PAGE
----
Is It Possible To Destroy My Arrest Record In California?
Being arrested on criminal charges can be a challenging ordeal, particularly when the individual is not actually guilty of the crime in question. However, despite the person’s innocence, he or she will nevertheless have an arrest record — a record that will hang over the person’s head until he or she does something about it.
Fortunately, however, California law expressly permits a wrongfully arrested individual to petition to have his or her arrest record both sealed and destroyed — but only in certain situations.
The Process Of Sealing And Destroying Arrest Records
First off, it is important to note that the process of sealing and destroying criminal arrest records is different from the process of seeking an expungement of criminal records in California.
For instance, while an expungement is typically sought following an actual criminal conviction — and essentially dismisses the criminal accusations — the sealing and destruction of an arrest record only applies in two distinct circumstances, which are:
- When an individual is arrested, but no criminal charges or accusatory pleadings are ever filed by the prosecutor
- When an individual is arrested and charges are filed, but no conviction actually occurs, either because the case is dismissed or because the individual is acquitted through a jury trial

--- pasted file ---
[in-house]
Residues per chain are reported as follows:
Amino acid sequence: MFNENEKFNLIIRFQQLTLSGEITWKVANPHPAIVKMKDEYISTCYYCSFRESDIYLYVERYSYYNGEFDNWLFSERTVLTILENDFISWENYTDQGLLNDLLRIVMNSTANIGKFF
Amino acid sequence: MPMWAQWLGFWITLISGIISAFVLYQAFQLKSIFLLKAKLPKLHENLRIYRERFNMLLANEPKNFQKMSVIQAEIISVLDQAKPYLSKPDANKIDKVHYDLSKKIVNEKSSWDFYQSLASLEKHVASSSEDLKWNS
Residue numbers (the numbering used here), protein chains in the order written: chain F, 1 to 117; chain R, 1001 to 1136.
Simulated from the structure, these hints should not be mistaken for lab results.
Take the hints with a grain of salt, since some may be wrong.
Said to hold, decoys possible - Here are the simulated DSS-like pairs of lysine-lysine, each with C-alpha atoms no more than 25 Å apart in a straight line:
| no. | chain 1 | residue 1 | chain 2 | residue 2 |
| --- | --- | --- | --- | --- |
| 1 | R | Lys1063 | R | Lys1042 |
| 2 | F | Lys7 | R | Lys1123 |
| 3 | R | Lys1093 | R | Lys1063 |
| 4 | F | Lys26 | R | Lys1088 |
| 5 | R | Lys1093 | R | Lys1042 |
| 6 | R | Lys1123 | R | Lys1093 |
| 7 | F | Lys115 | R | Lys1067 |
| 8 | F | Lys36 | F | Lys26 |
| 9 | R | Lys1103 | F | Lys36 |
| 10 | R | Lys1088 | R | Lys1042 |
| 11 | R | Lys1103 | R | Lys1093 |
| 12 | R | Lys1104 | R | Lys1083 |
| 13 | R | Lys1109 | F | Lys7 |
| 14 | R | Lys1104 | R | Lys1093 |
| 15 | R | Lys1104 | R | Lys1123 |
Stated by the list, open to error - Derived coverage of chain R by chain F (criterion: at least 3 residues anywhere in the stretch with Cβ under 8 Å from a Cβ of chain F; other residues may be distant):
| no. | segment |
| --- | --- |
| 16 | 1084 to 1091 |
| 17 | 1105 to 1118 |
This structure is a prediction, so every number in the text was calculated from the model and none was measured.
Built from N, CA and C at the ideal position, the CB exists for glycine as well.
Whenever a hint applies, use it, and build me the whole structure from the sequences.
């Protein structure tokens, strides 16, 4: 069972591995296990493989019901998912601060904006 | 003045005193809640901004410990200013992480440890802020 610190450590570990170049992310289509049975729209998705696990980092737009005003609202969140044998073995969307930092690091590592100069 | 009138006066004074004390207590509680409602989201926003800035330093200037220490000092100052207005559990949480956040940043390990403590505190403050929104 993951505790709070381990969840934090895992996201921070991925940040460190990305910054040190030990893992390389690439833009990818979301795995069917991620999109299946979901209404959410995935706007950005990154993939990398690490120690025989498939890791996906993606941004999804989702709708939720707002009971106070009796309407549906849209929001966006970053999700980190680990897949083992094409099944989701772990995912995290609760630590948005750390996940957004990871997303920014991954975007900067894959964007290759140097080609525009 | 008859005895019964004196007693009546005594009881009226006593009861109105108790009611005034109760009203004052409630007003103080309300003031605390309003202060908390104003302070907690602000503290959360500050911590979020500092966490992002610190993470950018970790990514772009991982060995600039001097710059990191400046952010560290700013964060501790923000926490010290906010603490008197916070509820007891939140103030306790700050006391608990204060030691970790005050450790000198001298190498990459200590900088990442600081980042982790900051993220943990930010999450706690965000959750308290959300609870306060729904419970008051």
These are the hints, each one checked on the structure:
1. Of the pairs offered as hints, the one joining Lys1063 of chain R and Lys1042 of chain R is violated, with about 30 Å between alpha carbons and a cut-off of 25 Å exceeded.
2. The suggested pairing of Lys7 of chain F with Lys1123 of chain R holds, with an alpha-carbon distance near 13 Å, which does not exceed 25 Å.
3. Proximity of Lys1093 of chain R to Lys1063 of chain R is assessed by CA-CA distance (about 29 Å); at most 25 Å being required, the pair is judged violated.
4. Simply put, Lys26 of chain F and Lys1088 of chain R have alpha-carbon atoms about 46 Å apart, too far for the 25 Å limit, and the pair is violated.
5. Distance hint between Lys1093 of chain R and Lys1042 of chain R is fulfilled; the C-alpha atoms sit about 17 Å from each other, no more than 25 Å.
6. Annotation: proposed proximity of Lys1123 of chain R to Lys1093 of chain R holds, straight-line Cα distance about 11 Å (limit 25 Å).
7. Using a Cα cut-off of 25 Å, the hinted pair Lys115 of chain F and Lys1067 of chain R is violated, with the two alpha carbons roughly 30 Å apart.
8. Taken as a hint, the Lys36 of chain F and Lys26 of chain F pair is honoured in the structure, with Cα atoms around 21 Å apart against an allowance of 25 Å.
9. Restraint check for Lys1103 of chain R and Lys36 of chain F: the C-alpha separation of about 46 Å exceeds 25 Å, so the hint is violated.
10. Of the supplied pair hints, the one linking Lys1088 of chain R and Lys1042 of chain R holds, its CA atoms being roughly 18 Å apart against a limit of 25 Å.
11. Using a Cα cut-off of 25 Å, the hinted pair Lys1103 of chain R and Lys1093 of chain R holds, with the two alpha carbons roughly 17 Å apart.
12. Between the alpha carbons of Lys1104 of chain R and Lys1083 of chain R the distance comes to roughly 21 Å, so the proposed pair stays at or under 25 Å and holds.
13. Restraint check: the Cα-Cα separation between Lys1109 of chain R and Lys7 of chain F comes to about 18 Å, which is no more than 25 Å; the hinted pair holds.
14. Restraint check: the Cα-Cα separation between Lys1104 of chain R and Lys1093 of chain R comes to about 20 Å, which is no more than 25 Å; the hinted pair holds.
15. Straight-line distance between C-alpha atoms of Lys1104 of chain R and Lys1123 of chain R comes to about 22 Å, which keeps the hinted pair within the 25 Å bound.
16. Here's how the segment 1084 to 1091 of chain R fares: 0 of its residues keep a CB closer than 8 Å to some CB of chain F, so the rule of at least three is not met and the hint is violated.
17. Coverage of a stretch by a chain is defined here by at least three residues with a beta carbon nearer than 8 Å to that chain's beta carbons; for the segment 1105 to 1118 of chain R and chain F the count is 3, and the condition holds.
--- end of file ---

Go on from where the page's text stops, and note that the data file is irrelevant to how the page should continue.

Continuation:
If charges are not actually filed following an arrest, an individual can directly petition the arresting law enforcement agency to seal the arrest record, but only if he or she can convince the police that he or she is factually innocent of the crime initially arrested for. Basically, factually innocent means there is no reasonable cause to believe the individual committed the offense for which he or she was arrested in first place.
If the arresting law enforcement agency denies the request to seal and destroy the record, or fails to respond to the request within 60 days, the wrongfully arrested individual can then petition the court.
Similarly, if the prosecution did file charges, but no conviction occurred due to a dismissal or acquittal, the individual must file his or her petition to seal and destroy the arrest record directly with the court and not the law enforcement agency. Importantly, the court will use the same factually innocent standard.
If the petition is ultimately successful — either before the police or the court — the arresting law enforcement agency will be ordered to seal the arrest record for a period of three years, after which time the record shall be destroyed. This includes the destruction of all police reports, fingerprints and booking photos related to the wrongful arrest.
Legal Assistance May Be Necessary
Ultimately, the process related to sealing and destroying an arrest record can be quite complicated in California, which is why it is often best to seek the counsel of an experienced attorney if considering this course of action. Moreover, even if you believe you may not be able to seal and/or destroy your criminal record because you were actually convicted of an alleged crime, it is important not to give up as other options may still be available to help clear your record, such as expungement. In any case, a knowledgeable attorney can help explain your rights and options.